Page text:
So Much for Happily Ever After

The way I rate entertainment is based on how much I care about the characters. Whether I’m watching a film, series or reading a book, if I care about the characters I will enjoy the reading/watching process. (If the story’s good too that’s an extra bonus). Viewer/reader apathy is a sign of bad entertainment. (Well that and bad writing – but that’s a whole other topic).

With any series I’ve followed for a long time, I get irrationally attached to the characters. So much so that I had to physically stop myself from turning to the last page of Harry Potter. (I just wanted to check they were all ok!)

Two of my favourite things are coming out this month. The 7th Shopaholic book and Season 11 of Grey’s Anatomy (although I don’t actually know when that will be shown in the UK). I’ve googled Grey’s Anatomy a bit … just to break up the work day monotony, you know? Anywho. It’s all pointing to the two central characters splitting up. (Pause for shocked silence).

This news actually upset me. I love Grey’s, it’s just great escapist watching, and after ten years of loyal watching I want my two favourite characters to live happily ever after. Forget this splitting up nonsense. For me, one of the joys about escaping into light fiction of any media is the promise of a happy ending. It’s why I enjoy chick lit and rom coms so much.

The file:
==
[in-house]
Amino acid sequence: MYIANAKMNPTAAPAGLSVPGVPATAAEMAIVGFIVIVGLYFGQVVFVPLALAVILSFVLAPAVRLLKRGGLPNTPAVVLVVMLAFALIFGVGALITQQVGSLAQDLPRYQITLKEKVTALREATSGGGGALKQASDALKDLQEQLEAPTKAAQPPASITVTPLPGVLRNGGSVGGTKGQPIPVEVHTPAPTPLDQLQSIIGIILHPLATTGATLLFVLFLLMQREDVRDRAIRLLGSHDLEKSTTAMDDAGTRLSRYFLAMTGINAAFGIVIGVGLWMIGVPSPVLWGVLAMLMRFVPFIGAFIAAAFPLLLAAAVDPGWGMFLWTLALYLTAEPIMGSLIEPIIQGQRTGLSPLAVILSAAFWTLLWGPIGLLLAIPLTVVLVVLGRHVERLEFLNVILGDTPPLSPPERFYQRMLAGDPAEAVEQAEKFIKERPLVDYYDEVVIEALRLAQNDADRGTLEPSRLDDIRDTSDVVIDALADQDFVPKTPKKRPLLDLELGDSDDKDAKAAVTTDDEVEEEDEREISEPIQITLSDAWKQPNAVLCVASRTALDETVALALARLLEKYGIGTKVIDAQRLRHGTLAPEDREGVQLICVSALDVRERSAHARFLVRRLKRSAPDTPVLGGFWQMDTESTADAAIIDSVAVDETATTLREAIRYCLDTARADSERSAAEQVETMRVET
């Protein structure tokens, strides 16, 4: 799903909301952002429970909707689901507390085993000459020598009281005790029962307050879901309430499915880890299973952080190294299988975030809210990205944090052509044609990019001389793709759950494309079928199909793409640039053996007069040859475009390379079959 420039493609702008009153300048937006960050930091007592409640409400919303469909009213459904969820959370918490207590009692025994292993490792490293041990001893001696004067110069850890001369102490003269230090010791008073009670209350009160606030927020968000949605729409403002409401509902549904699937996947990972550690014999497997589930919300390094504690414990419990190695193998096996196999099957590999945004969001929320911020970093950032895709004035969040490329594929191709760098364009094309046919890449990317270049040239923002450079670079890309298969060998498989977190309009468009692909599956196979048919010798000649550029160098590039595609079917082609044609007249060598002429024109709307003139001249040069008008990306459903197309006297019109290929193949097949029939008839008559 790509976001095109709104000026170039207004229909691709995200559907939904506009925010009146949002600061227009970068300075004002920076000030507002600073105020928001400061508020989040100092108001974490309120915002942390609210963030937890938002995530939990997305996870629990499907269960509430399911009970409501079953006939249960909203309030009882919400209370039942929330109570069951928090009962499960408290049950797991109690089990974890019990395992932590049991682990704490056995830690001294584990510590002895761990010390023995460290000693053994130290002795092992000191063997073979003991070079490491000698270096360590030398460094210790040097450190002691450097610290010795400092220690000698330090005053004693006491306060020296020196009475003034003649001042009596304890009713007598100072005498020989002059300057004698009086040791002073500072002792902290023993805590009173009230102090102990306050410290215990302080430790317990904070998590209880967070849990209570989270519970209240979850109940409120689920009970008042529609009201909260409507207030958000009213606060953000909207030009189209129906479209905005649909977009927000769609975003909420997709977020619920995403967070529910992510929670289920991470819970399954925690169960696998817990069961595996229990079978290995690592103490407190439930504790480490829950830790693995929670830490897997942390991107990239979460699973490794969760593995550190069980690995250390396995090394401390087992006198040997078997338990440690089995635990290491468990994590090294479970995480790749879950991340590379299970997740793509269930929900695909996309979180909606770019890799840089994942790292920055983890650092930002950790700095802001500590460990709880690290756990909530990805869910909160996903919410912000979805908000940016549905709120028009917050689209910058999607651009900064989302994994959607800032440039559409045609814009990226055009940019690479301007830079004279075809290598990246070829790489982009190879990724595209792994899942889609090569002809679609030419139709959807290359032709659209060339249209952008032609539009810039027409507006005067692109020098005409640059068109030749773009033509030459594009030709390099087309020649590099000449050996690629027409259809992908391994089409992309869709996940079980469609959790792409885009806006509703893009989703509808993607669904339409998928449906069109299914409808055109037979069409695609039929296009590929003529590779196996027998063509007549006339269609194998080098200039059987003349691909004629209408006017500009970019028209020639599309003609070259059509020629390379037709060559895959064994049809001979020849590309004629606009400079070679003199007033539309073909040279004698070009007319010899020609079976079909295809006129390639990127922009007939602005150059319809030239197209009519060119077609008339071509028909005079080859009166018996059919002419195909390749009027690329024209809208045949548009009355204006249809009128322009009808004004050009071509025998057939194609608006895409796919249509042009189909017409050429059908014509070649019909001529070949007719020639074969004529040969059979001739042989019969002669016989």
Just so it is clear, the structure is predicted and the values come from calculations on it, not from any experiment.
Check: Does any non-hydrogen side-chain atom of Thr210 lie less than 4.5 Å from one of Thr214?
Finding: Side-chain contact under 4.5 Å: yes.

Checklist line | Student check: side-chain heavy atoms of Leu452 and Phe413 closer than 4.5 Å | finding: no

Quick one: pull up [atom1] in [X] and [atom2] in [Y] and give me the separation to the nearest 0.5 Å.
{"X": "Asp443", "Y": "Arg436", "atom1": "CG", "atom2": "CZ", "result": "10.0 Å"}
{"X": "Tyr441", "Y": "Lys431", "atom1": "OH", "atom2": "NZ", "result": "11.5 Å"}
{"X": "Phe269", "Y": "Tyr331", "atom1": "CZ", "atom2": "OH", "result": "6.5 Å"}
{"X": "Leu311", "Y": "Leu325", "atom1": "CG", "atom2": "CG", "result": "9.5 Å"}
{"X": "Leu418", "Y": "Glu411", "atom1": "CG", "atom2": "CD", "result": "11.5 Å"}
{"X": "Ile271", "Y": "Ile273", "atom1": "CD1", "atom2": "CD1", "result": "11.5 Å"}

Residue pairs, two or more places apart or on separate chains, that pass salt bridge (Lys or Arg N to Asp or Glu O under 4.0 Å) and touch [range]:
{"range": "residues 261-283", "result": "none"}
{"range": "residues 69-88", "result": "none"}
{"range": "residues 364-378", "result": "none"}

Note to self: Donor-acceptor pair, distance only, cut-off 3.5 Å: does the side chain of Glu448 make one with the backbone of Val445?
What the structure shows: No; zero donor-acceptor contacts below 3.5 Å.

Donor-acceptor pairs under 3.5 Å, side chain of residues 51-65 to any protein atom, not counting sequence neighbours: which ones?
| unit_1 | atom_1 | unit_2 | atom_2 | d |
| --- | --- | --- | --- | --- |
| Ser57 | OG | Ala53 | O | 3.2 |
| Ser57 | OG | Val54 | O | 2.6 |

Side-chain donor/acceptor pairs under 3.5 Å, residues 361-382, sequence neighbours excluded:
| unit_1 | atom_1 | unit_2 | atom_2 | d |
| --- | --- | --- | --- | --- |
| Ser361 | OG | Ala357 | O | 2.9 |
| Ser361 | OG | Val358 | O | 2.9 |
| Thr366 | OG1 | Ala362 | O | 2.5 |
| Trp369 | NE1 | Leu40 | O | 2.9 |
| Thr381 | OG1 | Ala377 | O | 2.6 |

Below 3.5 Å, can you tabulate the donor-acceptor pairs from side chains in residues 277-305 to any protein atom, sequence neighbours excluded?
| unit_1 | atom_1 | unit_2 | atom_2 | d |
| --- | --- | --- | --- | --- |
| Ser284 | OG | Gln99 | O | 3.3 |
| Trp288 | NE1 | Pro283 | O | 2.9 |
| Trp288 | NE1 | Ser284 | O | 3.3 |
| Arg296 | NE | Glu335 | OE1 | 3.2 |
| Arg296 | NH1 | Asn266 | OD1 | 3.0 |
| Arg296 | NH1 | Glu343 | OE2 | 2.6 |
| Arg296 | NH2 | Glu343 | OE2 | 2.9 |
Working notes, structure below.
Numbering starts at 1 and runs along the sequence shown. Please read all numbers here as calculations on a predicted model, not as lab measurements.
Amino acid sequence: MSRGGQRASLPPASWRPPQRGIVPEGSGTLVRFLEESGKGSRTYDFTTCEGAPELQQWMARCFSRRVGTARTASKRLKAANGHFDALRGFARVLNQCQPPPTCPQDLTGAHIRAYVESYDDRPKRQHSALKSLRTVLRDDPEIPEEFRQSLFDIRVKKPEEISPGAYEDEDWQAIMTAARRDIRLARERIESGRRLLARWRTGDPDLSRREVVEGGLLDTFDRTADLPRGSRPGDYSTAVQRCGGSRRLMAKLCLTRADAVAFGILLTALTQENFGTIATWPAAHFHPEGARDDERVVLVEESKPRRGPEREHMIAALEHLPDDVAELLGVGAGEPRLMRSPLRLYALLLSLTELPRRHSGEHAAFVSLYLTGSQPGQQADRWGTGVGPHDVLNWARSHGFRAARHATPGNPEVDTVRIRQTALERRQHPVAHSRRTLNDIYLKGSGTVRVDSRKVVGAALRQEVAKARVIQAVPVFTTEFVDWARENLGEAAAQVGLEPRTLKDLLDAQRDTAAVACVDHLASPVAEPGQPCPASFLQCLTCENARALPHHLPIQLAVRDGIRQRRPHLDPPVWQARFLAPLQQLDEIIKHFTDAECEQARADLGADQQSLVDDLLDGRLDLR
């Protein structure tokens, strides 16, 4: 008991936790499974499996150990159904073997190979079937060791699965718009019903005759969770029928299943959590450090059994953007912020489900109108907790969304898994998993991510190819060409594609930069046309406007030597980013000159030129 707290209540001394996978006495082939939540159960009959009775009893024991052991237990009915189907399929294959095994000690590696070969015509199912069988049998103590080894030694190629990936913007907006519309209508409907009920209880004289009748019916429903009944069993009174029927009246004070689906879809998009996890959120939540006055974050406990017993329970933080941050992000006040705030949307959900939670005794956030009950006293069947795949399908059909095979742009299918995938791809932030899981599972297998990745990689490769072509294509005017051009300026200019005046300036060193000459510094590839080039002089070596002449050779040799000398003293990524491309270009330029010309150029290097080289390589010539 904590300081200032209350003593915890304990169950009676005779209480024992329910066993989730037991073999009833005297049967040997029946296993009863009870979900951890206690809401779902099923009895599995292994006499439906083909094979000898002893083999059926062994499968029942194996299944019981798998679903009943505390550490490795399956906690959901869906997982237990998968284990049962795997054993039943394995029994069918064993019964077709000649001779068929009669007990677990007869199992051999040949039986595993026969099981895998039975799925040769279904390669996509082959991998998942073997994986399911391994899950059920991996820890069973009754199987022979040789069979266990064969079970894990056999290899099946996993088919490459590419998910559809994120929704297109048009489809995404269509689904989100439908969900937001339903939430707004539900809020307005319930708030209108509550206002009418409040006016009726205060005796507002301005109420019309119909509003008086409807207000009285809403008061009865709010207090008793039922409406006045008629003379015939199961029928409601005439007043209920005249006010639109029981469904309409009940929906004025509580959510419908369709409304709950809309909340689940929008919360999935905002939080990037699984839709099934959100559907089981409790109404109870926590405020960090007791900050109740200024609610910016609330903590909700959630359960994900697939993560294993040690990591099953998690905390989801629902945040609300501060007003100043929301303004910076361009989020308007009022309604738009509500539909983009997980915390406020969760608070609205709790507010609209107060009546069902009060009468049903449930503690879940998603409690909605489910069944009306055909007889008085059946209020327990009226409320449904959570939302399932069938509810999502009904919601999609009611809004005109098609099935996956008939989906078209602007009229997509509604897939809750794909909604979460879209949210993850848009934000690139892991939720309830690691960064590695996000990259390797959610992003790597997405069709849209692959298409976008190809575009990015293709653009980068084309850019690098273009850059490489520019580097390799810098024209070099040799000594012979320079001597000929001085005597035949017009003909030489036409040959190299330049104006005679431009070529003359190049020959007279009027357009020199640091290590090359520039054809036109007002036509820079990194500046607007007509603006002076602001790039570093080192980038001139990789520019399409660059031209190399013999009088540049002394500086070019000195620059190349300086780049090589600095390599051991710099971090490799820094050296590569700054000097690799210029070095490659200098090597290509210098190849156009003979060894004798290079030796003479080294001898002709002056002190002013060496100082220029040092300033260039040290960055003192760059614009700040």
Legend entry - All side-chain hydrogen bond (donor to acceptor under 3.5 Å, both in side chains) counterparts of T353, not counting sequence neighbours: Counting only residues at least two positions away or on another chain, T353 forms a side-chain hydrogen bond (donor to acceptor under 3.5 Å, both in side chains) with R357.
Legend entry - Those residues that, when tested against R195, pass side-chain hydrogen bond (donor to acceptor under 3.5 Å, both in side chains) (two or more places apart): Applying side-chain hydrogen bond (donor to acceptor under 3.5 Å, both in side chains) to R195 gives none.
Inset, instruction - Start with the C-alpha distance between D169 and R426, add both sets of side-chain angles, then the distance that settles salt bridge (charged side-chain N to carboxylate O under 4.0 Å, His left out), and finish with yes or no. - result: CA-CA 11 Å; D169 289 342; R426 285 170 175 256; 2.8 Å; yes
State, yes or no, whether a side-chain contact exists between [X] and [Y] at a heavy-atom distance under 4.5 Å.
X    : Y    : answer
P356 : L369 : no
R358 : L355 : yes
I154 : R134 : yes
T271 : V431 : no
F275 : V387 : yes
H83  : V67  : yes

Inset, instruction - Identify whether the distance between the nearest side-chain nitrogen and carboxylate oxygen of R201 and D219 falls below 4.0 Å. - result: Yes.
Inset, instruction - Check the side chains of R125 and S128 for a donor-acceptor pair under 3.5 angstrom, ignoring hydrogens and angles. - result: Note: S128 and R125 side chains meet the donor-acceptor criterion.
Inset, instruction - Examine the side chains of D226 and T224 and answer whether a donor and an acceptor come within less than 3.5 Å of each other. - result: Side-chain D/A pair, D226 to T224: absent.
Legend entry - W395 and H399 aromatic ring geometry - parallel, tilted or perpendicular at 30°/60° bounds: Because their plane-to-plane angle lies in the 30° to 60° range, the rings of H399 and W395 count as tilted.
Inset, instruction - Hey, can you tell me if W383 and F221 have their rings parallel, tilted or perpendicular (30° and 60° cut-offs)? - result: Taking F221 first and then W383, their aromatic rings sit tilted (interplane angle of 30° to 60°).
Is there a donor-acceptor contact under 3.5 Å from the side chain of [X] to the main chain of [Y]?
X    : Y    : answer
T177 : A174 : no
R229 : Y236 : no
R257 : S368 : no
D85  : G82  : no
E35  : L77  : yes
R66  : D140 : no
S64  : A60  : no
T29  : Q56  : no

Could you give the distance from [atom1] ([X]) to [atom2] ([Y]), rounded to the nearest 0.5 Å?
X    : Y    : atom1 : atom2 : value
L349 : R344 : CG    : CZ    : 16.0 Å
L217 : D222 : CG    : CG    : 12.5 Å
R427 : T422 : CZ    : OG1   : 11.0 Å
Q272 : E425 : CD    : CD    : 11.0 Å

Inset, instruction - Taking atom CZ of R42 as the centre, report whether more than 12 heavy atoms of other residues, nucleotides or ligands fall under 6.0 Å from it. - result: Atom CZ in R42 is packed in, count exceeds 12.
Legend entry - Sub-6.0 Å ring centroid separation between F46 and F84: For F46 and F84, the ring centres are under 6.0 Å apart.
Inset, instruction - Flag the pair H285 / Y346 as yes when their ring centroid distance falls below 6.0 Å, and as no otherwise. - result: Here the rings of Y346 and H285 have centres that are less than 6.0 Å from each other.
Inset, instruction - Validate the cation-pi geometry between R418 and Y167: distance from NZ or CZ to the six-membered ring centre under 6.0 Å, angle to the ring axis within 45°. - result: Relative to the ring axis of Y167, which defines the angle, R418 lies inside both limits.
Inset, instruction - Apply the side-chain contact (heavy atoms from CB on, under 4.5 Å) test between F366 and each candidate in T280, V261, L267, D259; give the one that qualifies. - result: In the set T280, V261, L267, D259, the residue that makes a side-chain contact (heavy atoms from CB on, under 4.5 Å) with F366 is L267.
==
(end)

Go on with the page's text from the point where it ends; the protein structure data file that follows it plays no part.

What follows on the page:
I really hope this is just drumming up media attention, because if they do split up (god forbid) it’ll feel like I’ve wasted all those hours of my life caring. I could never re-watch an episode because I know that’s how it ends.

I know, I know, this doesn’t affect real day to day life. But in a way it does. Happy endings  give you hope and make you feel good. And when things don’t go how you want them to, well it’s a classic case of pinning life’s disappointments somewhere they don’t necessarily belong.

So here’s my plea to writers and creators, in a universe you can control (i.e. fiction), feel free to create a bit of dramatic conflict but let your romantic leads run off into the sunset in the end. Please?

After all, if I want upset on my screen, I can just turn on the news.

On a side note, (and a bit of good news) I’ve reached over 100 followers. I’m absolutely delighted and can’t thank you all enough for reading 🙂
Advertisements

You Effing What?!

Have I got your attention? Lovely. Don’t worry you’re not in for a rant.

What do you think to swearing and what do you think its place in books?

Swearing

Personally I don’t find off the cuff swearing offensive, if someone was swearing at me I might get upset but to hear something along the lines of ‘oh my f***ing god’ doesn’t really register. Is that bad of me? I only realise how much I swear when I try not to but then I trip over (as a naturally clumsy person tends to) and a stream of panicked expletives fly out my mouth. Oops.

In fiction, unlike real life, we don’t have the risk of our mouths firing before our brain’s approval. So what does that mean for swearing? In my book (which is currently going into it’s third draft) my characters swear quite a bit. Now, I haven’t chosen to do this for any sort of shock factor, my characters swear because everyone I know swears and my characters are supposed to be damn close to real people (just more interesting).